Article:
Awards Daily’s Megan McLachlan talks to director Gabe Polsky about Red Penguins, the documentary that follows when the Pittsburgh Penguins invested in Russian hockey.
It sounds like something out of the classic Paul Newman comedy Slap Shot. Strippers stripping between the periods at ice hockey games, while live real-life bears drink Iron City beer to entertain the crowd.
Only it isn’t some outlandish prank from a comedy—it actually happened.
Just in time for the return of NHL hockey, Gabe Polsky’s documentary Red Penguins (out on digital August 4) flashes back to the early ’90s when NHL’s back-to-back Stanley Cup-winning team invested in Russian hockey—with hilarious and sometimes dangerous results. Then-Pittsburgh Penguins owner Howard Baldwin brought in young marketing director Steve Warshaw to move to Russia and try to come up with interesting promotions—and boy did he. But his work for the Red Penguins nearly cost him his life.
Polsky, who served as an executive producer on National Geographic’s Genius series and directed another hockey documentary Red Army about the unbeatable unit known as the Russian Five, has an interest in letting the camera roll a little longer than it needs to, with good reason. He captures some really interesting discoveries in the process, like when Russian Penguins manager Valery Gushin laughs hysterically at the memory of planting a spy on Warshaw, which included a threat on his life. The story of the Red Penguins is so scandalous that former Walt Disney CEO Michael Eisner, who tried to partner with the Russian team on an idea for the film Mighty Ducks 5, refused to comment for the doc.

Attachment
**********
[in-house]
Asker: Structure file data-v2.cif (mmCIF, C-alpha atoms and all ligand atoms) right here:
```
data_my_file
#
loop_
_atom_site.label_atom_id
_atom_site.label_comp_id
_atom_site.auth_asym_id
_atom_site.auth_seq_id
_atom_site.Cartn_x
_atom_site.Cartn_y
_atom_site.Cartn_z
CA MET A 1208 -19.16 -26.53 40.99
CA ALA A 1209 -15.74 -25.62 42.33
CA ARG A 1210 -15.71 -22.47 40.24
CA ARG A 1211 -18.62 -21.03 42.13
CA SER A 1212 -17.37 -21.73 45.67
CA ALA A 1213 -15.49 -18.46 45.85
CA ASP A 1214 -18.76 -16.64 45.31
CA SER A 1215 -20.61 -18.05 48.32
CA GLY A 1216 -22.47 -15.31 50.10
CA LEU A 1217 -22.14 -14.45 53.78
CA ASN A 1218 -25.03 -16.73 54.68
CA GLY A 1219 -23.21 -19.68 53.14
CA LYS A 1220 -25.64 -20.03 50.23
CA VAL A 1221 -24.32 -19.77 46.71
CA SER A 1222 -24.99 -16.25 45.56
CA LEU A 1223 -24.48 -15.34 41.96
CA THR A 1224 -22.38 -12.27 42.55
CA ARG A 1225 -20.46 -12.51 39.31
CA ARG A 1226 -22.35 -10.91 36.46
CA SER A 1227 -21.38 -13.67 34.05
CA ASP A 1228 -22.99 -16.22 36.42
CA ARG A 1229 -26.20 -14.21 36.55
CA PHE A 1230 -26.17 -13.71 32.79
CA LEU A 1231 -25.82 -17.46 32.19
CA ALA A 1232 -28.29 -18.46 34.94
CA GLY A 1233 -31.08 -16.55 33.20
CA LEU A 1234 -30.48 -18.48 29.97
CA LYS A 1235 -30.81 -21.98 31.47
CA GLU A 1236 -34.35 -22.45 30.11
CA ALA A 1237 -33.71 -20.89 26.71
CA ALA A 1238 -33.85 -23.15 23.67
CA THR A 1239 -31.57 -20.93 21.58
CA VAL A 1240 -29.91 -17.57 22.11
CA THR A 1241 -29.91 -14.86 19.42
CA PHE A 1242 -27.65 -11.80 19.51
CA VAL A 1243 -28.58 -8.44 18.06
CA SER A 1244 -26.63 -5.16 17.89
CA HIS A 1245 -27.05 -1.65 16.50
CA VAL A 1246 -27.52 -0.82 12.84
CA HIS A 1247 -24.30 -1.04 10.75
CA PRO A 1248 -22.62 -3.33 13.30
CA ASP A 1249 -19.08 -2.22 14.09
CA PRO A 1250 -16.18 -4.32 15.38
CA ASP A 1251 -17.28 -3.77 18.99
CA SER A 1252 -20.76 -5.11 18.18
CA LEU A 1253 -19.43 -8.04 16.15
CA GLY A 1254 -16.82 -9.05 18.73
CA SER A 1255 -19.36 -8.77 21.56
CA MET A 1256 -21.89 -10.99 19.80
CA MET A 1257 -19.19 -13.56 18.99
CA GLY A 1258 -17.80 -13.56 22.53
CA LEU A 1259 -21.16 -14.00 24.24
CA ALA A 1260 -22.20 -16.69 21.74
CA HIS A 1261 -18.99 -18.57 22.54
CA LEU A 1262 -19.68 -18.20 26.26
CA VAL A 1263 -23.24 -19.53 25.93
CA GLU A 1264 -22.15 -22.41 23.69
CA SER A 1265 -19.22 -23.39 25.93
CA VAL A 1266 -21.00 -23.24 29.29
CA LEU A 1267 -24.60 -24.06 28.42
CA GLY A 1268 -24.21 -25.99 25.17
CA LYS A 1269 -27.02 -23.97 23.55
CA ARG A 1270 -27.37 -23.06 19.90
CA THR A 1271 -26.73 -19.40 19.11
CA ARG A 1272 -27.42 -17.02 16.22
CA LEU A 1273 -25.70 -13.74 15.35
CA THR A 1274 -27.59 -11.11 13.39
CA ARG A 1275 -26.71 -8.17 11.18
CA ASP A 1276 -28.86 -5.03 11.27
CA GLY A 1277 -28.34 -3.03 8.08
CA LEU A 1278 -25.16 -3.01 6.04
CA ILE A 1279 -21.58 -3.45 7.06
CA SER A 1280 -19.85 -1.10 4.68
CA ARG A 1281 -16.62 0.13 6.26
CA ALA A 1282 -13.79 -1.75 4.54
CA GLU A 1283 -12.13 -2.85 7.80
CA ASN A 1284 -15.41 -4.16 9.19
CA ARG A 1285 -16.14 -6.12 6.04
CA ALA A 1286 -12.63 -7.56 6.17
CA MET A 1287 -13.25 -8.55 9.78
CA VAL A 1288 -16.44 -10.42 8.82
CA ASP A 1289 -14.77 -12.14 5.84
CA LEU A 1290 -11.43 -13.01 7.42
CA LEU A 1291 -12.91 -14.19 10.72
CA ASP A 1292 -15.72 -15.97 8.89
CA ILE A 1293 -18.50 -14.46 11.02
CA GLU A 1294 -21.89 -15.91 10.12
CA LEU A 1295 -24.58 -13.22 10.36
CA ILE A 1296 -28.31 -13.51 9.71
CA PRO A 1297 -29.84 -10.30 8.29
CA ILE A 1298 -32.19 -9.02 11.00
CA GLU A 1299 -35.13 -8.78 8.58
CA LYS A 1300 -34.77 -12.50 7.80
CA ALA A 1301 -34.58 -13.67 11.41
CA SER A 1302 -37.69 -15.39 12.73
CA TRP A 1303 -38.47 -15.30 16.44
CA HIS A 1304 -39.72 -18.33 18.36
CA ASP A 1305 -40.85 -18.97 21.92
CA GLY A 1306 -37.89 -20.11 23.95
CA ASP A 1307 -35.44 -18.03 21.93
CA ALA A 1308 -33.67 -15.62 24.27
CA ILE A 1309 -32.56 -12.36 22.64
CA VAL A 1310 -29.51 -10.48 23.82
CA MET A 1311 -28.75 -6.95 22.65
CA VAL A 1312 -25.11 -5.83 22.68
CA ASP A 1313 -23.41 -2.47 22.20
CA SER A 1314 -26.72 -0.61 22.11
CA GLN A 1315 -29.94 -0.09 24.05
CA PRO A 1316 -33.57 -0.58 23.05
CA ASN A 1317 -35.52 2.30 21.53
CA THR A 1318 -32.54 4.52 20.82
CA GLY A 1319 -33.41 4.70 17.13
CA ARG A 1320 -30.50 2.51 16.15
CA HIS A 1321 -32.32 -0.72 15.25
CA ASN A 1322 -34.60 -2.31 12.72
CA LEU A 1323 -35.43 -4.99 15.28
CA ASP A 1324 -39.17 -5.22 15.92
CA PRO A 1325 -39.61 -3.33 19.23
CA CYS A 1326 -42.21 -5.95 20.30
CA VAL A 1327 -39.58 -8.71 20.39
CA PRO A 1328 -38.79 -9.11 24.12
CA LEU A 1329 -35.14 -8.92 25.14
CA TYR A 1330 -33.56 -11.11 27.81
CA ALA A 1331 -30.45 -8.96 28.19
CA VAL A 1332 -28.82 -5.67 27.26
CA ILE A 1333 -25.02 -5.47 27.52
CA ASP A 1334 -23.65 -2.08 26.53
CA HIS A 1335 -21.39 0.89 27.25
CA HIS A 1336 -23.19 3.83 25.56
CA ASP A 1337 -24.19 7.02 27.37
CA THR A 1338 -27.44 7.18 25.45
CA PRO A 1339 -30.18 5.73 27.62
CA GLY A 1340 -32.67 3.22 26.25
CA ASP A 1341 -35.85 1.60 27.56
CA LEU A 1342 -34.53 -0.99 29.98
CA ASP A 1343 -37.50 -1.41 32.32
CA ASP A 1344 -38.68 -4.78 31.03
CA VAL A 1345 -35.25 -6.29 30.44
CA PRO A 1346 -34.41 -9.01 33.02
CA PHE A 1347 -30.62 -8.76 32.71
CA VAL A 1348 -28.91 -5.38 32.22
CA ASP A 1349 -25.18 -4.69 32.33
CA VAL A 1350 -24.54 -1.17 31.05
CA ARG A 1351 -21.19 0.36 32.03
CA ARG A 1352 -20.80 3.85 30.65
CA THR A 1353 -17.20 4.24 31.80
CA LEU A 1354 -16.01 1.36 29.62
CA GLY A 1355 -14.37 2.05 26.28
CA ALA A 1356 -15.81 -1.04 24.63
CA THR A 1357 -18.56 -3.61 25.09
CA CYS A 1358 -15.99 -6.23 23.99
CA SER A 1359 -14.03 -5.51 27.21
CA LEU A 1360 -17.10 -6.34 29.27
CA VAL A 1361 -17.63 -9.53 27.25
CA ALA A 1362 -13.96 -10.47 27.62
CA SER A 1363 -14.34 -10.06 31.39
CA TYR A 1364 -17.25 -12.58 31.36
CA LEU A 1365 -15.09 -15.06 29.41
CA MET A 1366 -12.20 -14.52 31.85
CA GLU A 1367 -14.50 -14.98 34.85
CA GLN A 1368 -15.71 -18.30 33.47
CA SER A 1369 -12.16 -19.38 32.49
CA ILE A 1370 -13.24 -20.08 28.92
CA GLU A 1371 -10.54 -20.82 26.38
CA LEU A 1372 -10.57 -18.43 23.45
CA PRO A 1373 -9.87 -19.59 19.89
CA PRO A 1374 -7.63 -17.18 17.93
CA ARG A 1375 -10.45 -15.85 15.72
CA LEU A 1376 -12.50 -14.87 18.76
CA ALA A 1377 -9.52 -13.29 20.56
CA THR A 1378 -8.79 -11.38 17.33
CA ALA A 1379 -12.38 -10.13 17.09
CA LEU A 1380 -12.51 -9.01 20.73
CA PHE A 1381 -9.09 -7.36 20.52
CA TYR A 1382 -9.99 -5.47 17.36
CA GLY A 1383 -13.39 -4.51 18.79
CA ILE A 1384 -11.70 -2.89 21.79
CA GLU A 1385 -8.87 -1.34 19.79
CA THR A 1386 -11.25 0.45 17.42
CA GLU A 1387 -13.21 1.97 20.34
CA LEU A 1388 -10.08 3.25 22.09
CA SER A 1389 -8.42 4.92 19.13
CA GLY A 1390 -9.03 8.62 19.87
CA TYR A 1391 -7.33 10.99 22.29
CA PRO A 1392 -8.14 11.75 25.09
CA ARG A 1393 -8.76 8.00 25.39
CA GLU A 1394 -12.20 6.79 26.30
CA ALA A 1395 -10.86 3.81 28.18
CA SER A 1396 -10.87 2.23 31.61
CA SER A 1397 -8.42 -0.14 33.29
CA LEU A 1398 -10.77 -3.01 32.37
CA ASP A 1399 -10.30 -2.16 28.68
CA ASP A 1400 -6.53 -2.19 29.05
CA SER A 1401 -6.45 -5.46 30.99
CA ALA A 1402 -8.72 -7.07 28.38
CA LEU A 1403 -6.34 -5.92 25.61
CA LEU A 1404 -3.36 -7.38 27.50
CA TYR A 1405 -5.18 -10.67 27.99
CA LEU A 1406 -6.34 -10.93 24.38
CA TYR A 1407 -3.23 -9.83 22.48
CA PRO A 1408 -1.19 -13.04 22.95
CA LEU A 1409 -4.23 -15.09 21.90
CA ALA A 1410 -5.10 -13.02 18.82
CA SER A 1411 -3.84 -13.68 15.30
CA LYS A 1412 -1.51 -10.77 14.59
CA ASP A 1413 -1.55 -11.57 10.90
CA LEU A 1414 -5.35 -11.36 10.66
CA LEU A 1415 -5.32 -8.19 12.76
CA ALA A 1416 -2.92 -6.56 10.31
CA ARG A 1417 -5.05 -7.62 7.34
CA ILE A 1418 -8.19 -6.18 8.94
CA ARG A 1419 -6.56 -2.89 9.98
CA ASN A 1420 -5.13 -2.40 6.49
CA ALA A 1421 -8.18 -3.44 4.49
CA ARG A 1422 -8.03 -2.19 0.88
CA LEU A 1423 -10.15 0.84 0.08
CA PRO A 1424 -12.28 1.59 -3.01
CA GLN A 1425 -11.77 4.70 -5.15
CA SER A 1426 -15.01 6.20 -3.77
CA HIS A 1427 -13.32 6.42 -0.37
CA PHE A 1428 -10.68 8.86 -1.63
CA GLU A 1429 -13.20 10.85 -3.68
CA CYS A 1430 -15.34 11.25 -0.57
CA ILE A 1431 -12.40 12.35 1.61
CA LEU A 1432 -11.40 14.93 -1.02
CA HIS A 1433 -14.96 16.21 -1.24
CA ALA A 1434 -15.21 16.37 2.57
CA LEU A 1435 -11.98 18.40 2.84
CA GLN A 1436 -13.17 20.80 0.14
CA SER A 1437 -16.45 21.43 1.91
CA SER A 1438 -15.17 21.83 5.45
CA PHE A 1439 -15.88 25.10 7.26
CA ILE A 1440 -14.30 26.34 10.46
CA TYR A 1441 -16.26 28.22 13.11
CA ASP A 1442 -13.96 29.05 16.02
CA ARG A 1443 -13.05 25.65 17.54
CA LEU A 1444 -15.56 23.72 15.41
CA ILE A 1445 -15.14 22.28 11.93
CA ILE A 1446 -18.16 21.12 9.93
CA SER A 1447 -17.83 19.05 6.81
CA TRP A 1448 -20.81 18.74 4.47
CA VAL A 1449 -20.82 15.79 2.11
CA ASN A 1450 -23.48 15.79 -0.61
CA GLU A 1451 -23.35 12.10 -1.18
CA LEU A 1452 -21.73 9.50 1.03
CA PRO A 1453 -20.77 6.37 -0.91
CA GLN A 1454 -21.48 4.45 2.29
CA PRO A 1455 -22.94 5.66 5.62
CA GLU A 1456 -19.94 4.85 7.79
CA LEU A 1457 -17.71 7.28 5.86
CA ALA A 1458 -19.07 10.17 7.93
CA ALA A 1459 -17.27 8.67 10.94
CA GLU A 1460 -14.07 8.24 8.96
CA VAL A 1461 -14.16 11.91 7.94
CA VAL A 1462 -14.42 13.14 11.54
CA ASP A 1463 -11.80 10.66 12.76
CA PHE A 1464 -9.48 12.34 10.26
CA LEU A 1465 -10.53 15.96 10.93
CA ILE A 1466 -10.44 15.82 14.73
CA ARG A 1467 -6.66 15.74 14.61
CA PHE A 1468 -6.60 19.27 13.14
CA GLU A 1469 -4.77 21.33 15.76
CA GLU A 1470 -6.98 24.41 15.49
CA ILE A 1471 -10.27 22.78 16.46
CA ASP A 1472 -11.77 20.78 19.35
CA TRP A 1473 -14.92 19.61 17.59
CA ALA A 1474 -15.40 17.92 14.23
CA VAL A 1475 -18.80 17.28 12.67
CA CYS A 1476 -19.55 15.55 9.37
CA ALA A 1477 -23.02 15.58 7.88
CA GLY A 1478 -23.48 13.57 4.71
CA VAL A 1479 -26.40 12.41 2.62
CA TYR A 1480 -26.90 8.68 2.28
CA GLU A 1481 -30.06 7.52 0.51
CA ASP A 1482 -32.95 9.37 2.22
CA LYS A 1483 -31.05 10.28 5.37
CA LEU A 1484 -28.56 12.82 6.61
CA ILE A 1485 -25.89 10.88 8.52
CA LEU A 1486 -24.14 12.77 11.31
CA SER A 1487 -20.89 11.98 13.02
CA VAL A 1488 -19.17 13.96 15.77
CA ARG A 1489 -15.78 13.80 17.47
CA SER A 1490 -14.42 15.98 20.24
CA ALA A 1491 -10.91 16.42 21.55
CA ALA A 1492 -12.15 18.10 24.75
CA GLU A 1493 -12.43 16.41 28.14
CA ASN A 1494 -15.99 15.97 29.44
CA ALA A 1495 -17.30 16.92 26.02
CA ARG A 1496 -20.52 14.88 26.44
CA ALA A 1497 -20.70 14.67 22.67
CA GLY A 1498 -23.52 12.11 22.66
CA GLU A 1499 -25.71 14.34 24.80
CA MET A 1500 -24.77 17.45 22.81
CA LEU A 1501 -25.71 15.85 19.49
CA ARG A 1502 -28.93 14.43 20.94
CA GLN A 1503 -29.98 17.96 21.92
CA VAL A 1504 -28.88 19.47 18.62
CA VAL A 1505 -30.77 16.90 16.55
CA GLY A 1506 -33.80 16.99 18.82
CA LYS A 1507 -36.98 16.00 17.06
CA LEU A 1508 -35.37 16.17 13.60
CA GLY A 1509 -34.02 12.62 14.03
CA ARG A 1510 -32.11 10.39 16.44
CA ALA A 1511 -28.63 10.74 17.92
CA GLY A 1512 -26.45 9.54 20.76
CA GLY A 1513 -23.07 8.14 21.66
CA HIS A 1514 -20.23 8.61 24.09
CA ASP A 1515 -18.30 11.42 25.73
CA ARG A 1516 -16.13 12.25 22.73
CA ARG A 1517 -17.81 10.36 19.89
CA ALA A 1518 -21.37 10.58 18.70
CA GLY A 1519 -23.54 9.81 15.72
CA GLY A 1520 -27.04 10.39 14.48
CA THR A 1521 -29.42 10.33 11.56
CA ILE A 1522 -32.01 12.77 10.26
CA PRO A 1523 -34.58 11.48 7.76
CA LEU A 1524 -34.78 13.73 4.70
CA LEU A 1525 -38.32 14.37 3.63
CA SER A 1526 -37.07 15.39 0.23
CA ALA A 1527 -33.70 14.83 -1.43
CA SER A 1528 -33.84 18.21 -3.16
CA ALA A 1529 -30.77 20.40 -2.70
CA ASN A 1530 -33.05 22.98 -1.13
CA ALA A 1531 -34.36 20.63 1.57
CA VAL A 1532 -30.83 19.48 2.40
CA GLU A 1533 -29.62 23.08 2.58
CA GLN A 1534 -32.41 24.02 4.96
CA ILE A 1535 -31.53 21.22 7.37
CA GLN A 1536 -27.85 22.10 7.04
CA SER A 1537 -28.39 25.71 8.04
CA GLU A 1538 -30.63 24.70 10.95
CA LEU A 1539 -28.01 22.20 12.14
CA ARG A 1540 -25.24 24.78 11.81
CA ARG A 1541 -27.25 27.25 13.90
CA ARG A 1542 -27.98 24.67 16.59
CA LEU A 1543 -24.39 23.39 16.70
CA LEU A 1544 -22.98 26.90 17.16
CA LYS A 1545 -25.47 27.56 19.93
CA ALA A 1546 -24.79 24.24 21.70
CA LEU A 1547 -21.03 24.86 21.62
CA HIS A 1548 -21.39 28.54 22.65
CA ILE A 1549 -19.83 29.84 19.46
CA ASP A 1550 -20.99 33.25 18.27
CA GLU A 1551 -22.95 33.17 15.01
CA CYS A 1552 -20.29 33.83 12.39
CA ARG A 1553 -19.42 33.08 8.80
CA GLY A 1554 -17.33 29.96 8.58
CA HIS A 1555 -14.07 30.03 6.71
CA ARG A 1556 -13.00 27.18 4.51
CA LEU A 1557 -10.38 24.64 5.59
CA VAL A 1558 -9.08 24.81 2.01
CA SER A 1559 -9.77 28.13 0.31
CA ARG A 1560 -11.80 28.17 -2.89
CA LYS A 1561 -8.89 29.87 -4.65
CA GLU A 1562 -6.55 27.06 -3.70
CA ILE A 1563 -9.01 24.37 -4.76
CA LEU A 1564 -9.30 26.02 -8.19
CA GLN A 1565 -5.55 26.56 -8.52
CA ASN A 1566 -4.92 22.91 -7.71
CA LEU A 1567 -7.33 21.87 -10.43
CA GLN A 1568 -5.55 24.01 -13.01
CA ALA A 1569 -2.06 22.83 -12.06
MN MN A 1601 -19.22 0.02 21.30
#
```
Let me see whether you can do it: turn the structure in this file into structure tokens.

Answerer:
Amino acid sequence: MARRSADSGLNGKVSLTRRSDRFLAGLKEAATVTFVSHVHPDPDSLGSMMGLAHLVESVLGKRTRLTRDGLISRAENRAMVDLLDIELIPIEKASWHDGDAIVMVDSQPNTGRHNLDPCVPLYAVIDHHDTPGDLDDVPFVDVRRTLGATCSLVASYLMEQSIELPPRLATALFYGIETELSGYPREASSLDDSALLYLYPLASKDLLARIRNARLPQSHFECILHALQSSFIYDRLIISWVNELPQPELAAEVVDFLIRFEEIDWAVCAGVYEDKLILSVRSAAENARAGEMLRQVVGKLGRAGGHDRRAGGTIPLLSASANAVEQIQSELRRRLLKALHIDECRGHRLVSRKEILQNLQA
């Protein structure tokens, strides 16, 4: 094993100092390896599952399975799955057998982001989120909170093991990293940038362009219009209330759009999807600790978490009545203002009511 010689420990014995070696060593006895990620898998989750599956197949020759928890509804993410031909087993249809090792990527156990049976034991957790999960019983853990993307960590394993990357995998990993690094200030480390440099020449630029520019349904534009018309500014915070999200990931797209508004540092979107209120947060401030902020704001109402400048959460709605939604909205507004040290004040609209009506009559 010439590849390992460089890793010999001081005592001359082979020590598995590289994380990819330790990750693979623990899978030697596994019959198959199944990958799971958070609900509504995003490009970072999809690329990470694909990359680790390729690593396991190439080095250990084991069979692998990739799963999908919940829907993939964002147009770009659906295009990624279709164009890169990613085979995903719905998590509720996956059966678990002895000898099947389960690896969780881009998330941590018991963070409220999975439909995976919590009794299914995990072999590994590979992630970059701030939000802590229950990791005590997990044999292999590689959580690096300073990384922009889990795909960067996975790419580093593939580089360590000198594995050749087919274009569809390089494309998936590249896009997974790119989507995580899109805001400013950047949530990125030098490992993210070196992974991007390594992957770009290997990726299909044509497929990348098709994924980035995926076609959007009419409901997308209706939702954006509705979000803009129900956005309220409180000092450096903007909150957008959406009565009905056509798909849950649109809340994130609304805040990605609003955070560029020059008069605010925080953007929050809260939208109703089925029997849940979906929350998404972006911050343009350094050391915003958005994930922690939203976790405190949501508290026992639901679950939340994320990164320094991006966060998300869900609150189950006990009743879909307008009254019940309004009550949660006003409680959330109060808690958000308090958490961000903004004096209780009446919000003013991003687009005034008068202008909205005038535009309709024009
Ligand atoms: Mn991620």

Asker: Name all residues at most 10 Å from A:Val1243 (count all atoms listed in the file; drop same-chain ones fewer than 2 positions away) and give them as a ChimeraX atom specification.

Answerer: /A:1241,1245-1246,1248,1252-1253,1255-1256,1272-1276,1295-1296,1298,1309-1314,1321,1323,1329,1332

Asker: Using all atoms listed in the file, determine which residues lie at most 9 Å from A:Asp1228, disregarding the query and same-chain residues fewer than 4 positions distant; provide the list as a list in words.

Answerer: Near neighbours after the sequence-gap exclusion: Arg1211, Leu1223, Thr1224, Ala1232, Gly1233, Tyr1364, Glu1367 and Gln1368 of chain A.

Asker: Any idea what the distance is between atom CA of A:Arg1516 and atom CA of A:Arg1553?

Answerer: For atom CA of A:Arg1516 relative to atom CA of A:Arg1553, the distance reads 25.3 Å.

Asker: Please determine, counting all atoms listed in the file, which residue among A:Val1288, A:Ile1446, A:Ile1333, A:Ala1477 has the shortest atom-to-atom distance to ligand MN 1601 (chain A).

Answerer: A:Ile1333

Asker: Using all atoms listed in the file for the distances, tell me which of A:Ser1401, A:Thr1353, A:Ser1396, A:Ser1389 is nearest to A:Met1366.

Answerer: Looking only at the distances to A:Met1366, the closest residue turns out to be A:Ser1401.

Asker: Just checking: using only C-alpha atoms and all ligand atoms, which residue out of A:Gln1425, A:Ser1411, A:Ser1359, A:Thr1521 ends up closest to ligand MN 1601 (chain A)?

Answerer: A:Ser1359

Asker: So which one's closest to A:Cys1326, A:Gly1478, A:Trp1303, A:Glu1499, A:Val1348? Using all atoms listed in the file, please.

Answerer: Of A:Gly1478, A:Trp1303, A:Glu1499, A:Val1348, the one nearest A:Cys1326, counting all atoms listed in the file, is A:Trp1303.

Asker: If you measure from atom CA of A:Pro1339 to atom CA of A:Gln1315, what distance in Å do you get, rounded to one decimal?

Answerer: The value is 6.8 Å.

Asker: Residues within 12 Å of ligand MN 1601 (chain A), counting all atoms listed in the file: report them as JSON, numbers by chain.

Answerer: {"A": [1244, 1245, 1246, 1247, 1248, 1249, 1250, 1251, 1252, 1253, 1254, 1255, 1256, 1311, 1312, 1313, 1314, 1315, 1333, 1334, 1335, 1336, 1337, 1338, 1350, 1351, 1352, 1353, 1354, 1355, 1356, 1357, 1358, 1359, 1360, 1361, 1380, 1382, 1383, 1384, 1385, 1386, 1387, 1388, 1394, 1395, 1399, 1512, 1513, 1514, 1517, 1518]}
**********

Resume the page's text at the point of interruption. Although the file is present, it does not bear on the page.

I talked to Polsky about the making of this film, why he didn’t interview any of the hockey players for the project, and why no one in this hockey documentary really had the sport on the brain at all.
Awards Daily: Russians are not known for being very candid, I would say. How did you get the subjects in this documentary to open up? They seem to really tell you a lot.
Gabe Polsky: I think the fact that I speak a little bit of Russian helps. They like that. The second thing is, I don’t take myself too seriously. That helped. When somebody comes in and they’re very formal, that’s not my style when I interview. I think I just kind of go with my intuition of how to connect with people. I don’t really have a formal technique. As you see in the documentary, it’s a little bit off the cuff. I leave stuff in there that most people might not.
AD: I did notice that.
GP: If something’s not interesting to me, I figure out ways to get inside a little more. Even if they’re not speaking, I’ll capture reactions or something, anything I can to dig in to the truth.